One can hardly escape business school (okay, high school) without being well-prepared to go into an interview, blow away potential employers with your poise, intelligence, and wit, and land the job of your dreams. There are whole how-to guides, and books, and classes devoted to the art of rocking a job interview. But what about what it takes to sit on the other side of the table? How exactly does one go about conducting a job interview to find success, meaning, and ultimately, the best hire for the job (as opposed to someone who just looks good in an interview. Thanks a lot, ubiquitous interview prep guides!)
Well, here is your how-to list. Because knowing your business inside and out is only a start when it comes to knowing how to interview someone, we’ve compiled a list of points to consider, questions to ask, and things to definitely not do when trying to filter through a waiting room full of potential new employees.
- Know exactly what you’re looking for
There should undoubtedly be some prep work on your and your team’s behalf before ever issuing the first job posting, or scheduling the first interview. The primary goal of that prep work is to fully and precisely outline what the job is. What roles will this person fill? What tasks will they do? Who will they report to? Who will work under them? How good will their parking space be? You get the idea. And you should, as should your team before candidates walk in the door.
- Streamline the interview process
With good reason, most interviews are not a one-and-done situation; many candidates find themselves in front of two or three different interviewers before being signed off on for the job. If this process is part of your hiring plan, make sure you know how it is going to play out: what the interview hierarchy will be, who will ask what questions, what will be the criteria for passing someone on to the next level, etc. You don’t want to waste your time and theirs by asking the same questions in every interview, so make sure you have a way of documenting the content of each meeting to share with the others in your company.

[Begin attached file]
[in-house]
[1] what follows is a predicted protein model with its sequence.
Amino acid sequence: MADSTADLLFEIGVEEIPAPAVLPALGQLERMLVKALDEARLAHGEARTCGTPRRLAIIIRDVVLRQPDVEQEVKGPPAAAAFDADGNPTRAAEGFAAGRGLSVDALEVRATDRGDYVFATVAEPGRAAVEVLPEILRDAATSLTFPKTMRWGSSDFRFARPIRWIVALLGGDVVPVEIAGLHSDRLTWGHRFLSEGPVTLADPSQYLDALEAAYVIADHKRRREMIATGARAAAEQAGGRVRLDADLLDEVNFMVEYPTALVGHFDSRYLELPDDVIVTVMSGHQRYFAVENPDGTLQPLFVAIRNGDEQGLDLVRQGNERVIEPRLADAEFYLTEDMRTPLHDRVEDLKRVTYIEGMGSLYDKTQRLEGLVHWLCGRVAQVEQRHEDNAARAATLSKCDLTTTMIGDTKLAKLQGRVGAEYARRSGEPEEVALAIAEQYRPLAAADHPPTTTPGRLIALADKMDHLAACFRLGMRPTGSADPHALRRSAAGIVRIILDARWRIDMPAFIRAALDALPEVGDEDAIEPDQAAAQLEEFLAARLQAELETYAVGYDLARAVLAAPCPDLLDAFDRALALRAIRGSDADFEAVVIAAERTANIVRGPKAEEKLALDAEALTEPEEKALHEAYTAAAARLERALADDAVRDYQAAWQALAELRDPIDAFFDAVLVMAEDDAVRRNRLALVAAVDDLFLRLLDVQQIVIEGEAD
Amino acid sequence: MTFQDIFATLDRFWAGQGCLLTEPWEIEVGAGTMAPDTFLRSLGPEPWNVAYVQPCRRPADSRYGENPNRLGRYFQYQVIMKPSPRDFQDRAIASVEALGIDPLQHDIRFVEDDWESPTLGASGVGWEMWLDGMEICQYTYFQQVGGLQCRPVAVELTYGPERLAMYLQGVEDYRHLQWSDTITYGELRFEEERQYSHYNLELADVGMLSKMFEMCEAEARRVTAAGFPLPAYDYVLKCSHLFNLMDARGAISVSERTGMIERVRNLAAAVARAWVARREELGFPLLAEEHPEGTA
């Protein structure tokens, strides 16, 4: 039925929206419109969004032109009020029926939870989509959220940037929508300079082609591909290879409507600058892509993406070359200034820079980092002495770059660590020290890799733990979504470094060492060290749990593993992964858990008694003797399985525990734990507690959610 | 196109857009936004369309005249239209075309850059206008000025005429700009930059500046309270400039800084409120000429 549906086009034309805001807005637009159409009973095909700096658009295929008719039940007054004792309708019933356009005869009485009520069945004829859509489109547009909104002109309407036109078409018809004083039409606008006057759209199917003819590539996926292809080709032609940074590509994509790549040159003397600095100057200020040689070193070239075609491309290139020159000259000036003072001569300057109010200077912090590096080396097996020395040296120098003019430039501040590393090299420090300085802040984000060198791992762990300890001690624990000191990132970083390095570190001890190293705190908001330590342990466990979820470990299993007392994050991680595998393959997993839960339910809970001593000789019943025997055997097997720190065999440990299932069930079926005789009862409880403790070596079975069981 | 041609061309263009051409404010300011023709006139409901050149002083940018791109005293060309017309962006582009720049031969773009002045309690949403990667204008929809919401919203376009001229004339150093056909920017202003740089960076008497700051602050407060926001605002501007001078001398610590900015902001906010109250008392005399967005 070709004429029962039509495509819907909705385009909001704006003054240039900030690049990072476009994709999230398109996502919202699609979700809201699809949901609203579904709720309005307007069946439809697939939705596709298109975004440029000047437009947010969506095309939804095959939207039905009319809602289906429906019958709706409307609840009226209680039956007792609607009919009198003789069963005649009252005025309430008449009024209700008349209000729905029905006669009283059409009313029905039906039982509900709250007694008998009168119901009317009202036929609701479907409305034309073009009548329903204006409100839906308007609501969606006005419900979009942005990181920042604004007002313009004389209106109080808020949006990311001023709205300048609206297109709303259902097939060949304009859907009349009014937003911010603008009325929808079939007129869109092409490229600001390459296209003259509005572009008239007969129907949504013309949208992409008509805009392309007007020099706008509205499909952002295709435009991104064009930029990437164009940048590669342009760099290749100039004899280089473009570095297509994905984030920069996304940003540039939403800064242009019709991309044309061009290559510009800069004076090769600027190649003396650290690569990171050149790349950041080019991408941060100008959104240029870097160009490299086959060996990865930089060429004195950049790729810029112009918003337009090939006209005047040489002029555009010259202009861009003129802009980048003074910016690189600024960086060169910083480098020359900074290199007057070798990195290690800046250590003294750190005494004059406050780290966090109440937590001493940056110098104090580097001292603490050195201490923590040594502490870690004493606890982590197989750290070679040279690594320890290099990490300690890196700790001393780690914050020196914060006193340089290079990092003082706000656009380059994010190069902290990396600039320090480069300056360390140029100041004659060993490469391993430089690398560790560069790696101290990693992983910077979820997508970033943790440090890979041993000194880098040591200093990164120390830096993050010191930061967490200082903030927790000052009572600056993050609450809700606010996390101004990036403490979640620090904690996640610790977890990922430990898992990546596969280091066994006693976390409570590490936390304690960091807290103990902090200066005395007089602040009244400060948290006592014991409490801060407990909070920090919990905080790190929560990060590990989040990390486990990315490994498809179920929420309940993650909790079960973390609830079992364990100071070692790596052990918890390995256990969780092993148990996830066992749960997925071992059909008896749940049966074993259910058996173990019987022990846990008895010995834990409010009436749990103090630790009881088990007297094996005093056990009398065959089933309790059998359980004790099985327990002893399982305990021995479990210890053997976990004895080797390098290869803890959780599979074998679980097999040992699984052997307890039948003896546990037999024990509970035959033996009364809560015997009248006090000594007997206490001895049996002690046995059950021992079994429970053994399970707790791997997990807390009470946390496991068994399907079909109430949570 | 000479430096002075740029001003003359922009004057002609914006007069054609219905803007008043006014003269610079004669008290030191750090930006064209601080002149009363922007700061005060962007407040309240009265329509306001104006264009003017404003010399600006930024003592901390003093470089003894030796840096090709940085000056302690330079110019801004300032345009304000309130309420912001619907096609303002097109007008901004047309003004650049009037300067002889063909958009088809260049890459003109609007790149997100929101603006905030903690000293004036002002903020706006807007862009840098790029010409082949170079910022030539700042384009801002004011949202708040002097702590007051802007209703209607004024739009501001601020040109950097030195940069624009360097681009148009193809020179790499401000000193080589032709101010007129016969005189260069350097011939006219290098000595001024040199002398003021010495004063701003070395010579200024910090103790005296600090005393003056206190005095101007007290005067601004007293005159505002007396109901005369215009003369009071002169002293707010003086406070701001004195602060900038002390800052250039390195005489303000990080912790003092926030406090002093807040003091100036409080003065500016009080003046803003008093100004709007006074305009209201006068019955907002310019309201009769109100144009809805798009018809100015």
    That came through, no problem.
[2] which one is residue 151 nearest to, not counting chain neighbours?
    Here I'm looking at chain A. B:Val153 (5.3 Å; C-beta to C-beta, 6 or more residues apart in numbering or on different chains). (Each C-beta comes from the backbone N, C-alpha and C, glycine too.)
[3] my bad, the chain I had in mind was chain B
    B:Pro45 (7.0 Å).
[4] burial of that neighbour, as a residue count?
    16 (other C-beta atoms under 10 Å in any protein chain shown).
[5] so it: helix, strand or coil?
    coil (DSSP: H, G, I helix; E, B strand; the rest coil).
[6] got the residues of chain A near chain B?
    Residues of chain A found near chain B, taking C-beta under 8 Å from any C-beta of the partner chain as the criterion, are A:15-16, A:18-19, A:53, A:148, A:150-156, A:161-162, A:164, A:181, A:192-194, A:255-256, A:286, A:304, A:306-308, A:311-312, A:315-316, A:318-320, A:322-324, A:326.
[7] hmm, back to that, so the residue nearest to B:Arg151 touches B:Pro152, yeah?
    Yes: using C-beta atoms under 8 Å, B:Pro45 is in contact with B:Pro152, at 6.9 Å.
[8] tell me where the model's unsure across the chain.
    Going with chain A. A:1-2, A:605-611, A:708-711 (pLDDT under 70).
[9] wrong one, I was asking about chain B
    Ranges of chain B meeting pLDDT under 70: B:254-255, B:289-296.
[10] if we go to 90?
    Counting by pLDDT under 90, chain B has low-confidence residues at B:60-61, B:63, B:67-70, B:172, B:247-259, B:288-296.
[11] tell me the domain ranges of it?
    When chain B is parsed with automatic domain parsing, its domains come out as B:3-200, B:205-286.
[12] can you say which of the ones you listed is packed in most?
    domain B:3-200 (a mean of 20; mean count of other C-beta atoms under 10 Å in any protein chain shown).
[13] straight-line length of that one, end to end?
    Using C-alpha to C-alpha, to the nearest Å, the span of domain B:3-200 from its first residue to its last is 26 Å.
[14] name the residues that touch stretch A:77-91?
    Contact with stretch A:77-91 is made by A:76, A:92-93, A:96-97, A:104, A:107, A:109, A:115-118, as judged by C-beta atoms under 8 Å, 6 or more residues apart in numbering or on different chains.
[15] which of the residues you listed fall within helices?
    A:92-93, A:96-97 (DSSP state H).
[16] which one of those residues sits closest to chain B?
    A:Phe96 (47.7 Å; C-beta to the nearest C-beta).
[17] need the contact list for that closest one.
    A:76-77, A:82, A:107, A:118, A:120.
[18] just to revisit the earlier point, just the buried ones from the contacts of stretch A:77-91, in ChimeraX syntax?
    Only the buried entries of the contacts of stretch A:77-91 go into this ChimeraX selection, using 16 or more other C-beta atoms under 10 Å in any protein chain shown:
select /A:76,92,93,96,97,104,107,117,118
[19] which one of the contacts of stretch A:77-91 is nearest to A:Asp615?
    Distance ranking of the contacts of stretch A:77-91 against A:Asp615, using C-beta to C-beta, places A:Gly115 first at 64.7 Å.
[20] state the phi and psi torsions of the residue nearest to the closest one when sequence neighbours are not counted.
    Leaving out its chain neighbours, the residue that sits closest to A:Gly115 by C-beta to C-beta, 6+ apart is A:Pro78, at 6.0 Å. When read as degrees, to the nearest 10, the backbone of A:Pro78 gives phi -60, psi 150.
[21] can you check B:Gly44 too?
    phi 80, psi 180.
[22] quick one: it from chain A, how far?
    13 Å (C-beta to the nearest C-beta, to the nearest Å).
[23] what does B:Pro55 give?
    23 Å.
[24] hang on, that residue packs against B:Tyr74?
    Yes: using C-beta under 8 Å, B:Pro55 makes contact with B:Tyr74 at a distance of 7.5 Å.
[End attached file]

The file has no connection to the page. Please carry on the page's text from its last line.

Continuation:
- Ask questions that fit what you really want to know
If the job in question requires a lot of interpersonal interaction, like say, customer service, you need to get a feel for how each candidate would react in somewhat confrontational situations (hey, it happens.) You can either go about this by asking a question about their ability to handle stress (“Tell me about a stressful work encounter and how you handled it.) or you can ask a question that creates stress, like pointing out a part of their resume that makes them unqualified for the job, allowing you to actually witness their stress reaction. A little brutal? Sure. But effective.
- Don’t do all the talking
It’s your company, you know the job and its roles, you know what you’re looking for…it can almost seem natural for you to do a lot of talking in a job interview. And any candidate who knows what they’re doing will want you to talk a lot; the more they can find out about you, your company, and your individual personality, the more able they are to appeal to you in just the right way. It’s smart. So you have to be smarter. Certainly offer guiding questions to give a framework to their responses, but let them do the talking. You want to know about them. Of course they’re also there to find out about your company and the job in question, but if they have questions, they should ask. No matter the job, you likely want someone who is assertive and pro-active enough to ask questions, right? So make sure you don’t hog the mic.
- Have a way to measure candidates
Particularly if you’re having more than one person interview candidates, it’s essential to have a rating system, in addition to taking notes (or even recording the interviews, but of course, you’ll need permission) so each person on the hiring committee has at least a vaguely uniform way of communicating info about the candidates and a framework for discussions on who to hire.